For an "Investor Society"
Breakthrough advisory board member Dalton Conley has an incisive op-ed in today's New York Times where he criticizes the $150 billion stimulus package, passed by Congress and signed by Bush, and calls for an "investor society" where every American, especially the poorest Americans, have savings to invest in their future.
What if instead of giving rebates we helped create an investor society by seeding universal investment accounts? This would not only pump cash into the economy, through the slightly more indirect route of investment, it would also help us correct some of the near-fatal flaws in our long-term economic landscape.
Dalton notes that increased personal savings is correlated all sorts of positive social outcomes:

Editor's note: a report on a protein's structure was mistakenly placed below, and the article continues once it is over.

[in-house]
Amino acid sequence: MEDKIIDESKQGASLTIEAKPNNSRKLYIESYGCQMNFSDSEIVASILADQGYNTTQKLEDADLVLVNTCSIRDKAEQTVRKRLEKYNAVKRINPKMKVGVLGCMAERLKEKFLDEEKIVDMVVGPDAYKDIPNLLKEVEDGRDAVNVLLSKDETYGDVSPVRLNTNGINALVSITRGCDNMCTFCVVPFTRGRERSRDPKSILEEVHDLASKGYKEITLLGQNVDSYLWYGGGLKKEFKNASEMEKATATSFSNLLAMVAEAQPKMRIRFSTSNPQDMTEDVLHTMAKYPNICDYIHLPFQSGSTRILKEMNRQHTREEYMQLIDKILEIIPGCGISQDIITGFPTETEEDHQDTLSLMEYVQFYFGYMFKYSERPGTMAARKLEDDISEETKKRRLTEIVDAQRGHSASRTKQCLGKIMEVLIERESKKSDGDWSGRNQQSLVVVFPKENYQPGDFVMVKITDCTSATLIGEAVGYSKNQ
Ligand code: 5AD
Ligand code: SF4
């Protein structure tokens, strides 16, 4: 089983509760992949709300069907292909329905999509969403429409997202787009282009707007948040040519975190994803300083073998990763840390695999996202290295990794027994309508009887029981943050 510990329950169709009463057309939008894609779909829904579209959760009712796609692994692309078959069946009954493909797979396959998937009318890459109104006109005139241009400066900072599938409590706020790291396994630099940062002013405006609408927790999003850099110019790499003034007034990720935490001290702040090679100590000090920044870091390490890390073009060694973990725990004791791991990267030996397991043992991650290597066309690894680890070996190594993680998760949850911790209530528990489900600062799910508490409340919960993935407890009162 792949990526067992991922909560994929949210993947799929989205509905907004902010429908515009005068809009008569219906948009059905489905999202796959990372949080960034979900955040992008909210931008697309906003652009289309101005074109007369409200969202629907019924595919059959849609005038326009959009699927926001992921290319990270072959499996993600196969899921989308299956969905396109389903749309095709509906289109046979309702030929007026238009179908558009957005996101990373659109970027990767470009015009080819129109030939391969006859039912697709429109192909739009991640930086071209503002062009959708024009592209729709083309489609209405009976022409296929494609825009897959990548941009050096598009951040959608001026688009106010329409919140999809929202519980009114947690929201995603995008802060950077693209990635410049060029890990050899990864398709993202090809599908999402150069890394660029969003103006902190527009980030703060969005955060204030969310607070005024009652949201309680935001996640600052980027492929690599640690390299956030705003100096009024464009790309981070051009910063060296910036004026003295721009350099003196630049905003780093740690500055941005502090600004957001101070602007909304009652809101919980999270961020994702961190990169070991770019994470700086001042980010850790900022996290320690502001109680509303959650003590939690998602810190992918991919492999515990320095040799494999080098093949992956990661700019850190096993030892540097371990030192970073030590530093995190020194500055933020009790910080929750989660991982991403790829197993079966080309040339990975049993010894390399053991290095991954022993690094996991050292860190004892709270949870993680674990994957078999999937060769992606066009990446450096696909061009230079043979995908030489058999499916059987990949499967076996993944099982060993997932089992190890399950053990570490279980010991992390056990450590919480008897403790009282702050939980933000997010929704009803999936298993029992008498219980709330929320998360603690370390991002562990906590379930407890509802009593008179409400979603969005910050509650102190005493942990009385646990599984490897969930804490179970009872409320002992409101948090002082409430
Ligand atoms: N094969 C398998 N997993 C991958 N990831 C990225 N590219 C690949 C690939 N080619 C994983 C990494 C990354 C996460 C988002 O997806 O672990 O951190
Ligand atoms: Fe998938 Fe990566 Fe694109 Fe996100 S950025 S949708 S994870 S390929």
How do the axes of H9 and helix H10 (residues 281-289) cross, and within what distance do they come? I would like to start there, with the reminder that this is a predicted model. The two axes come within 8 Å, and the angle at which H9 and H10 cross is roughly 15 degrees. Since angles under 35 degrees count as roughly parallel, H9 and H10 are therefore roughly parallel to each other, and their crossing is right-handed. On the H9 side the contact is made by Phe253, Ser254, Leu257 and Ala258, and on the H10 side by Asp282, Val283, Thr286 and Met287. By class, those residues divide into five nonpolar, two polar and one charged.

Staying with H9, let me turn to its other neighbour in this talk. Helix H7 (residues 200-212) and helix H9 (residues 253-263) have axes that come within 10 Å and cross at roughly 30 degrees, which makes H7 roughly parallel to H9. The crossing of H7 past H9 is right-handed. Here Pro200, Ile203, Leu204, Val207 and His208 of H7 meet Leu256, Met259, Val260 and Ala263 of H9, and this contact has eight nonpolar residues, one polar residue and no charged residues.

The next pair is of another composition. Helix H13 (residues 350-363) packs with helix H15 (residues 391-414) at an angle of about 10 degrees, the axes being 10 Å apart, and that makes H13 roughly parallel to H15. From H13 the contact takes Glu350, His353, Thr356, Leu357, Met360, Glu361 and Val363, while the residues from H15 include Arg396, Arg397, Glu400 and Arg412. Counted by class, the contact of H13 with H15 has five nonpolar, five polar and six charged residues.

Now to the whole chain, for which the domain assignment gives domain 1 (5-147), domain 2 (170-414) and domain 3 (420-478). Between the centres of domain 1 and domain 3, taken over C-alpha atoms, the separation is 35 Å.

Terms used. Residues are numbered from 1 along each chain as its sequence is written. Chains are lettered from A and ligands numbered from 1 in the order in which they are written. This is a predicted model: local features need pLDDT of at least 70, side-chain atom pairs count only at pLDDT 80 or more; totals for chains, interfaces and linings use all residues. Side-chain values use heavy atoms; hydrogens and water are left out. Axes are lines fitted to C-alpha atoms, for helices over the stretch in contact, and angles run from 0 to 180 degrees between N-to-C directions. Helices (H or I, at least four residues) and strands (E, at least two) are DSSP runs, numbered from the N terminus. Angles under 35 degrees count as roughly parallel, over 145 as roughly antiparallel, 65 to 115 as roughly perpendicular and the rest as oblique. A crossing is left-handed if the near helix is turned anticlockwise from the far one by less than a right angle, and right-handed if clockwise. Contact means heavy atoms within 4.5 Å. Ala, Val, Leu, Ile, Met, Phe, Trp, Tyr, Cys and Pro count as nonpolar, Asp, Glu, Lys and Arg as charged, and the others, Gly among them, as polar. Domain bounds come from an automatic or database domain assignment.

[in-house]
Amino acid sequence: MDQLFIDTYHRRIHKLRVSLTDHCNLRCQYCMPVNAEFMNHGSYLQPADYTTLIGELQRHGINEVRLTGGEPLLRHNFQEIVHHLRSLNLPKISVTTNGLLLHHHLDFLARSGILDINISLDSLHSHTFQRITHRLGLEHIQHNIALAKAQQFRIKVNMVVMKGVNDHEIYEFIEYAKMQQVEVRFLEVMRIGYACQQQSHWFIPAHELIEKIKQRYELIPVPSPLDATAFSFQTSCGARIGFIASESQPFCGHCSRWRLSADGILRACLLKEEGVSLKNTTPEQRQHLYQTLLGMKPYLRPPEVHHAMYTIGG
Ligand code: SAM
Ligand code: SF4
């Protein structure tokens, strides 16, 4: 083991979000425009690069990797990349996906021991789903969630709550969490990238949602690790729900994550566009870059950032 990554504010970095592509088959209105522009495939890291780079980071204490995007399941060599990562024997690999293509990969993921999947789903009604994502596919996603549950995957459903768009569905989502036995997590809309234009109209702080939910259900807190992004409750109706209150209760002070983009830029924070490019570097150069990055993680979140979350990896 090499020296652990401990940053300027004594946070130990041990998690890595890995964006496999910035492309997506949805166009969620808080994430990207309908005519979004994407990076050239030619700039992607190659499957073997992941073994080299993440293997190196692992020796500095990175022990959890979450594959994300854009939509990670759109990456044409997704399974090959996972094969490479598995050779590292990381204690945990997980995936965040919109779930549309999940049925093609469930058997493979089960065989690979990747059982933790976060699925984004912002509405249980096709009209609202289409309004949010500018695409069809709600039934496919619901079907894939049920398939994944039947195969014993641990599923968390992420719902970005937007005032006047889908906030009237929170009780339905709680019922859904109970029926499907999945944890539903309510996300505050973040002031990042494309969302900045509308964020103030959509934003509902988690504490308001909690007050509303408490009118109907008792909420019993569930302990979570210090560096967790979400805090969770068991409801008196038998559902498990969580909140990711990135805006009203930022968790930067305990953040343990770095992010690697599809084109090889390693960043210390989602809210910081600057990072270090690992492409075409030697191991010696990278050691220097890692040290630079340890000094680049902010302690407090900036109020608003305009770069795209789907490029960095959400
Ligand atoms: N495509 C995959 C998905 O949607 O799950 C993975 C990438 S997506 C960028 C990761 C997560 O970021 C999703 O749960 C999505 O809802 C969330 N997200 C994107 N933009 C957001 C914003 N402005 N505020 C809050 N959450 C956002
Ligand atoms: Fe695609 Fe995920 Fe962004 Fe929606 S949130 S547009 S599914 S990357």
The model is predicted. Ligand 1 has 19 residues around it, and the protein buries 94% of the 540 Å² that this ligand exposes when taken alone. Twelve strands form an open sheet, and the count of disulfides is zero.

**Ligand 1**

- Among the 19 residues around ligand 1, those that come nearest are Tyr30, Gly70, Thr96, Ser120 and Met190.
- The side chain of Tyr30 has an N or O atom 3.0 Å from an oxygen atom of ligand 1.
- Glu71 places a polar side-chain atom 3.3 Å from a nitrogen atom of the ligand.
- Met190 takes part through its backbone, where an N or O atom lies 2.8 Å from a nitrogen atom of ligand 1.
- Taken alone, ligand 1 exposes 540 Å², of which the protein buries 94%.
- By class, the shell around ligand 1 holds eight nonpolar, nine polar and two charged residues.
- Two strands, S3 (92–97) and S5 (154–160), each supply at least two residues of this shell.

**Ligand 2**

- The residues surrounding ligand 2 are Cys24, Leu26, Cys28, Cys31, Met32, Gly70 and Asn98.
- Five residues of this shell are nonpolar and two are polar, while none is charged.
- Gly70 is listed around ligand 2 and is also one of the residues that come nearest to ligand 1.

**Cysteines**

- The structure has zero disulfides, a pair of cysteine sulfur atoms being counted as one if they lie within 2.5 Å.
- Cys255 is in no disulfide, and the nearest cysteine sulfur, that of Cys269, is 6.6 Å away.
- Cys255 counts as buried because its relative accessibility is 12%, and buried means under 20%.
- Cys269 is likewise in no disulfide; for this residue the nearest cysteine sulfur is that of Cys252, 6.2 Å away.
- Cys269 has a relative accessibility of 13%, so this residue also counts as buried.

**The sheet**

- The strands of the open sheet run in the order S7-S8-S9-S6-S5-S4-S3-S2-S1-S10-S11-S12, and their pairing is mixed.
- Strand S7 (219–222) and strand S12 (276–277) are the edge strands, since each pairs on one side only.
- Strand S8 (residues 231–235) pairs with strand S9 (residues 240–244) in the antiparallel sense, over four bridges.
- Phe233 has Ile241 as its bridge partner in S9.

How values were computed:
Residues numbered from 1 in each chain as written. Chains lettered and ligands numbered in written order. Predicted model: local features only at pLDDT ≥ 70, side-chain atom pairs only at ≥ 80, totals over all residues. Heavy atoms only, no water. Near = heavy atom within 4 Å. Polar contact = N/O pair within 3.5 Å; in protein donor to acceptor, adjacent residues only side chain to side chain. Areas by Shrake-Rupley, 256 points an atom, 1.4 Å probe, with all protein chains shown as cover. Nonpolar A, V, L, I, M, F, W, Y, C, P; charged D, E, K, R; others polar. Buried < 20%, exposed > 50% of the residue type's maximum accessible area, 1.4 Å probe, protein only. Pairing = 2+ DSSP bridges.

Such investment incentives would do more than just help stimulate business growth by providing new capital. They would fundamentally change taxpayers’ lives. Some research suggests that asset-holders behave more responsibly and are more civic-minded than those without wealth. After all, they have a stake in the future of the economy and their community. This is why banks in cities don’t readily offer mortgages for apartments in buildings in which most of the tenants are renters, not owners. My own research suggests that having savings and investment equity is one of the best predictors of whether someone’s children will attend and graduate from college. Investing motivates people of all income levels to defer gratification and become knowledgeable about the economy and society.
The question is, what is needed to achieve this politically? We intend to do some research to explore this question over the next few months.